Kahili Adventist School teaches students to be ‘good and godly’

“Like those of Mark Twain’s death, rumors of the demise of Kahili Adventist School have been greatly exaggerated,” writes Kahili Adventist School Principal Bud Moon after hearing several rumors that his school was not continuing admissions or schooling.

Begun 35 years ago in Kapa‘a, the current location of the school in Kahili offers “Christian, values-based education” for kindergarten to 12th-grade students. Incorporating the “Christian viewpoint and Biblical perspective,” only 20 percent of the school’s current students also attend the church of the same name.

“Our school is open to any student who can afford this type of education, making them good and godly,” Moon said.

Recent Kahili school board action verifies that the school is maintaining its traditional certified kindergarten through eighth-grade program. Two new teachers with more than 25 years’ experience and three others with more than 10 years’ experience have been added to the faculty.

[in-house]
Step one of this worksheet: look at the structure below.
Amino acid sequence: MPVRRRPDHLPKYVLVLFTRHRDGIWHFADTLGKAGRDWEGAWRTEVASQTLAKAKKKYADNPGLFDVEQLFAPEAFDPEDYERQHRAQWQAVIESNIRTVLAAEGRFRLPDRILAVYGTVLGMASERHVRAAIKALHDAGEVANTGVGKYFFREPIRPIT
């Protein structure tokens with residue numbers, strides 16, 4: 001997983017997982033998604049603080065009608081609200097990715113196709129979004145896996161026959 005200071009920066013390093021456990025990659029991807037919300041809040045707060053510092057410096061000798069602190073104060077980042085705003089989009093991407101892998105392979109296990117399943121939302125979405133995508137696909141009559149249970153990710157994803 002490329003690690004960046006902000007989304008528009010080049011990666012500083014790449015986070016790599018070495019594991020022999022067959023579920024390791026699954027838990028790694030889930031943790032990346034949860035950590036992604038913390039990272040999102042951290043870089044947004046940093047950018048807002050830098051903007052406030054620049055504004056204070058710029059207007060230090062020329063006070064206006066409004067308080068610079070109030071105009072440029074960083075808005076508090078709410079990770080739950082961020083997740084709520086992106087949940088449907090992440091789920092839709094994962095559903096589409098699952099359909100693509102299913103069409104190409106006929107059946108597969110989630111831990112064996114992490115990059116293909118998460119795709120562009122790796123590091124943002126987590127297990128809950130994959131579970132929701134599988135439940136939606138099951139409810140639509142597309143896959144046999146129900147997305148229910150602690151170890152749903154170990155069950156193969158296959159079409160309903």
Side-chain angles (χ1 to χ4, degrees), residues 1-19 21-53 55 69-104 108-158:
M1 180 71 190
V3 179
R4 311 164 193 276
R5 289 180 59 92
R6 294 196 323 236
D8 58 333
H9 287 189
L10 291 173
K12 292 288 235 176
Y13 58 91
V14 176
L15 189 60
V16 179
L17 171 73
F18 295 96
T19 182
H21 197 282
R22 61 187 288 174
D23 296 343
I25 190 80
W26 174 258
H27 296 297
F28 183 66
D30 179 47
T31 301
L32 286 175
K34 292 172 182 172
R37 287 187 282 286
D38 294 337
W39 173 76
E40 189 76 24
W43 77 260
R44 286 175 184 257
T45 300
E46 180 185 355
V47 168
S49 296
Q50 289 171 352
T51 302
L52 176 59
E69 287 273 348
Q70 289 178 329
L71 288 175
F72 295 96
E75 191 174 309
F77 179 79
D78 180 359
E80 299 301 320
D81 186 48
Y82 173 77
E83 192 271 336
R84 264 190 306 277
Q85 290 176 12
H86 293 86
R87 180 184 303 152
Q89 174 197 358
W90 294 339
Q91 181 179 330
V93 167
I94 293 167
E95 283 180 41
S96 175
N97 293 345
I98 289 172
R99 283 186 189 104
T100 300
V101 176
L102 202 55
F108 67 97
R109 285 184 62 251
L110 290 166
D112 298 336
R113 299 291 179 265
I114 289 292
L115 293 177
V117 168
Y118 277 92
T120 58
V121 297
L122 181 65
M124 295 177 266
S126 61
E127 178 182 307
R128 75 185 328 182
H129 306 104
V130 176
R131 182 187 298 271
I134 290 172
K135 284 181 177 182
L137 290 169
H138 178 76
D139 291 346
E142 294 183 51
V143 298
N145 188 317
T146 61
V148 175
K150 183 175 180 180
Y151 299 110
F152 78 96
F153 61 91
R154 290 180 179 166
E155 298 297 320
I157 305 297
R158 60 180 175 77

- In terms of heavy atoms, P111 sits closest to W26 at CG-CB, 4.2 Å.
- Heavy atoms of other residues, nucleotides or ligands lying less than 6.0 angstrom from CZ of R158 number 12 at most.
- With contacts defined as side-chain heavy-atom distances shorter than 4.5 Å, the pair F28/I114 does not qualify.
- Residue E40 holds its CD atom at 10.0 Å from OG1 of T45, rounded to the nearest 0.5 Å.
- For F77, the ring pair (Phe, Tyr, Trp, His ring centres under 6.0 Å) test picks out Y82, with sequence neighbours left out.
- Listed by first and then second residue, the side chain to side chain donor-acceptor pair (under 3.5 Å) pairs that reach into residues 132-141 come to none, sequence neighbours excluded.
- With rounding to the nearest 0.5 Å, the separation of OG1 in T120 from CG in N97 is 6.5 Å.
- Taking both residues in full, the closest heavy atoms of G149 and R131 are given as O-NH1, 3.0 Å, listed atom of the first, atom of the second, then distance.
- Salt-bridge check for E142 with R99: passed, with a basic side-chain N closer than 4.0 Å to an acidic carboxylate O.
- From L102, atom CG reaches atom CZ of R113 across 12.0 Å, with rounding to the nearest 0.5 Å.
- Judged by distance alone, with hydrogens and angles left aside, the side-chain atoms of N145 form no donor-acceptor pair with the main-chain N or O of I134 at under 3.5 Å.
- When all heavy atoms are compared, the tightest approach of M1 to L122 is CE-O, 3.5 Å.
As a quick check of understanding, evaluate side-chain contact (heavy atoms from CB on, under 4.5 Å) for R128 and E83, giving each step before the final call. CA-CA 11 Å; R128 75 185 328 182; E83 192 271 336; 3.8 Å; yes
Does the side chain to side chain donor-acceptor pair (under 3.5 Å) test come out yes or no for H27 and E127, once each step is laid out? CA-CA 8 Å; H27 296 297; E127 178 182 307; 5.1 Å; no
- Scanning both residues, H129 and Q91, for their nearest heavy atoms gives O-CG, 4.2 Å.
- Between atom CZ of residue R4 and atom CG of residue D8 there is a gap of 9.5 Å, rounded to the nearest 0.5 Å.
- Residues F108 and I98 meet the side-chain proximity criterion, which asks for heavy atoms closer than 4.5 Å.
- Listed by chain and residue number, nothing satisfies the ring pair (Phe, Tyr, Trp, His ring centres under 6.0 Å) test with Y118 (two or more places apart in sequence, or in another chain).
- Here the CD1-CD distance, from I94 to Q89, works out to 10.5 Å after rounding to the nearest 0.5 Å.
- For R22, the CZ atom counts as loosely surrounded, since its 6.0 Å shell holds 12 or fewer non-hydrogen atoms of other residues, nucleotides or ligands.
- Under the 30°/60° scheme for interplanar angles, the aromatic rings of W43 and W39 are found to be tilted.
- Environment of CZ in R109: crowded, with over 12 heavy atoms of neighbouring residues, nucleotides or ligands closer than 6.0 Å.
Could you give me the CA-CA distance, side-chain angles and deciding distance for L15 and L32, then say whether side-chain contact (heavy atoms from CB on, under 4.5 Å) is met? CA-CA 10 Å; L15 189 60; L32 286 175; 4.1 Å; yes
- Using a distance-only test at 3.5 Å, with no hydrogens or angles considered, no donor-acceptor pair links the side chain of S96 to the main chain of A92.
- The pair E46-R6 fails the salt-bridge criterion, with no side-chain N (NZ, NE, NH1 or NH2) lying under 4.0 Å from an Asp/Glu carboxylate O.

“This new staff is dedicated to stimulate optimal academic growth for each student,” states a press release from the school.

Kahili’s high school program utilizes the distance-learning program of Keystone High, “an on-line school that has 170,000 alumni and currently a million students,” Moon writes.

While evangelical and secular educators oppose each other on approaches to subjects as vast as history, social studies, gender studies and science, Moon claims that “the vast majority” of the school’s students attend college. He noted that Kahili Adventist presents a science and math program that prepares them for undergraduate studies, “all while providing a Christian, value based education.”

In a 2005 lawsuit filed against the University of California schools by the Association of Christian Schools International, the plaintiff claimed that requirements or credits that were not accepted for admission discriminated against the Christian religion.

The UC perspective argued that empirical historical knowledge accepted by the wider collegiate community is contradicted by the limited Christian perspective. Therefore, it is left to the university to base its admission requirements by the broader standard.

While Moon said that Darwin-based evolution is taught as one possible theory weighted against Biblical creation science, and that both are considered as possible “truths,” it is more typical in such faith-based educations that “the word of God first and science second,” creates the basic guidelines for instruction, as Bob Jones’s “Biology for Christian Students” states in its forward.

Admissions are open for the next school year. For information contact the school’s registrar at 742-9294.

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